It is said that the truth shall set you free or is it said that the truth makes you into a rat that must be exterminated? Either way, it is a risk one must be willing to take. Elia Kazan’s film On the Waterfront, released in 1954, is a classic film that brings to light the world of the lower-working class using cinematic elements and actors’ techniques. After viewing this movie, it is easy to see how these elements and techniques would combined to influence the audiences’ perception of the film and the message it is providing. This Oscar-winning film uses neorealism to bring forward how the back streets really work in the big city.
Most movies in this day and age focus around people’s personal fantasies of fast cars, unlimited money, beautiful people, and living on the edge. It is mostly made so we can escape the ‘real world’ to which many are so afraid of.
On the Waterfront was created from a series of newspaper articles written about the corruption on the docks of cities in New York state where a gangsterism was in full force. The film can be considered as an autobiography which is narrating the entire situation to which the people of the lower-class were exposed to. The waterfront in this movie relates to the docks and slums of Hoboken, New Jersey. The waterfront union can be viewed as those still working today. Also, the character Terry Malloy, who is the hero informer against the mob, can be symbolizing considered as all those workers who stood up for their rights.
The film tells the story of Terry Malloy, a former boxer, and dockworker, who deals with a crisis of conscience while doing the nitty, gritty jobs for the mob boss, Johnny Friendly, who runs the dockyards. A scene that sets up the film is when Terry is leading a fellow dockworker to be ambushed, then killed, by a few members of the mob to prevent him from testifying in a corruption case against them. This scene sets up Terry’s character evolution within the film, where he continually struggles with his inner conflict and guilt that will end up leading him to make some very difficult choices. Ultimately, this puts a target on his back and by the end, Terry breaks away from his obligations to do what’s right even if it means his possible death.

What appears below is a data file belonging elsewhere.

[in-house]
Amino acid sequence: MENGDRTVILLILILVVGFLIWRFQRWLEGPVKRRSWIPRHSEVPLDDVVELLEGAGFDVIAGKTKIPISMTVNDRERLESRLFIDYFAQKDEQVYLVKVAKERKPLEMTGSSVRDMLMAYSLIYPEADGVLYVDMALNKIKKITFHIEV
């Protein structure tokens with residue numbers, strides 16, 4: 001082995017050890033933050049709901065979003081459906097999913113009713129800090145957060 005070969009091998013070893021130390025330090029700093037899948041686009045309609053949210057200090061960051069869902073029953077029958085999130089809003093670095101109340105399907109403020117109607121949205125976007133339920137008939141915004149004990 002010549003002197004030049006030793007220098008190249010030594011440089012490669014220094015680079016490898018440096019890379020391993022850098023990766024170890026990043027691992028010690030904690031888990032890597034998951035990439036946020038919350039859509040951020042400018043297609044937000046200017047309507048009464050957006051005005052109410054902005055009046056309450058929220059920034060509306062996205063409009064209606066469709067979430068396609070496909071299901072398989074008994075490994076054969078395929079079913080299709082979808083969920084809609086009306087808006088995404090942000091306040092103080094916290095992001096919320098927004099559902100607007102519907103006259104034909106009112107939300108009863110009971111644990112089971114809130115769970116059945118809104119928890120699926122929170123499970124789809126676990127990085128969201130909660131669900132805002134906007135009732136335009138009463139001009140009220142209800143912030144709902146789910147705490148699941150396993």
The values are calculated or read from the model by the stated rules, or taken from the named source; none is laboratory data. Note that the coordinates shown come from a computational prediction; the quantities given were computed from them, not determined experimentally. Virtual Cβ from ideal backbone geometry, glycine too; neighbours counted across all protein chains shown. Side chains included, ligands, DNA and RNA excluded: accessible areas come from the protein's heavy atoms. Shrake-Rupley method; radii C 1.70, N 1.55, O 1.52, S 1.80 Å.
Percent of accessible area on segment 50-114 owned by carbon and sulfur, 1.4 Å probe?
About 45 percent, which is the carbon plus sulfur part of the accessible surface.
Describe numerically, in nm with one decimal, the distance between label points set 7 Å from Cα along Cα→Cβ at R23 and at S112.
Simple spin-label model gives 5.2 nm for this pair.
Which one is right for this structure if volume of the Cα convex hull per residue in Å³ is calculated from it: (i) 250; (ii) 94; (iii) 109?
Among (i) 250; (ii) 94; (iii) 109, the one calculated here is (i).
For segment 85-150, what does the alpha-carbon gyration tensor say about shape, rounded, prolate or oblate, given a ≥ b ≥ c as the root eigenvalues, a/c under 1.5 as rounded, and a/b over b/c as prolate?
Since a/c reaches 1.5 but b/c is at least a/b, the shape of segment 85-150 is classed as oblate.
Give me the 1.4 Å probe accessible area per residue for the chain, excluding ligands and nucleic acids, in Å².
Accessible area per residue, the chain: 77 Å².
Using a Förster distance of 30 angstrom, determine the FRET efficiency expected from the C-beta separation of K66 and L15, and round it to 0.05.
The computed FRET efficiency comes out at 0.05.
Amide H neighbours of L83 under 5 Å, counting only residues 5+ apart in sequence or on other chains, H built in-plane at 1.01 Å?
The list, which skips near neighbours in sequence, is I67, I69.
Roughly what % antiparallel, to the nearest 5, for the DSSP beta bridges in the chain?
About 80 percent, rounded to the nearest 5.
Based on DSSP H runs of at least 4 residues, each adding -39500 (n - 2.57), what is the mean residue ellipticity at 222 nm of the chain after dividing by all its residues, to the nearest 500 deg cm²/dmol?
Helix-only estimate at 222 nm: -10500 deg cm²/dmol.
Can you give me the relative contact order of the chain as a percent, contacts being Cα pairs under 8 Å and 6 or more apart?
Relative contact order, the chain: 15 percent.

To fully understand the concept of On the Waterfront, one must know just exactly what Neo-realism really means. The use of neo-realism in this film was a big part in the making of the entire film was shot in the streets, alleys, and rooftops of Hoboken, New Jersey. Neo-realism, also known as Italian Neo-realism, was a new style of filmmaking that was created due to the living conditions, political views, and budgeting of Hollywood which occurred after World War II. This form of filmmaking only lasted for a decade; however, it effects on Hollywood was tremendous for the fact that many directors would use a dark and scummy location to demonstrate realistic themes within the story. Within the 1950’s, Hollywood explored many social problems to film such as communism, racism, and organised crime to which many were influenced by politics and propaganda of the time. These issues made way in neo-realist films where Kazan and Shulberg incorporated such realistic subjects that the everyday person would be dealing with to affect the audience on a more personal note.
This movie is shot in black-and-white, also known as film noir, with some enhanced lighting which happens to be a characteristic of neo-realism. By using light along with smoke or fog adds to the moral understanding of this movie. Another important note is that On the Waterfront used non-professional actors mixed in with real actors to keep the sense of “random story from the crowd” continuing. These off-the-street actors are not the standard ones that would be seen in a Hollywood film but rather they looked like your brother, best friend, neighbour. They were gritty, rough, and fatigued characters that one would expect to see in a lower-class neighbourhood or in everyday slang the “slums” of a city. Adding this aspect to the film truly enhances the realistic subject matter along with Kazan’s representation of this filthy, broken, inner-city life.
Terry Malloy, the main character, played by Marlon Brando, seems to be just a typical “slums” guy. Keeping his head down, focusing on his problems, and never opening his mouth, that is Terry Malloy in a nut-shell. Utilised “method acting”, Marlon Brando to fully becomes the character, Terry.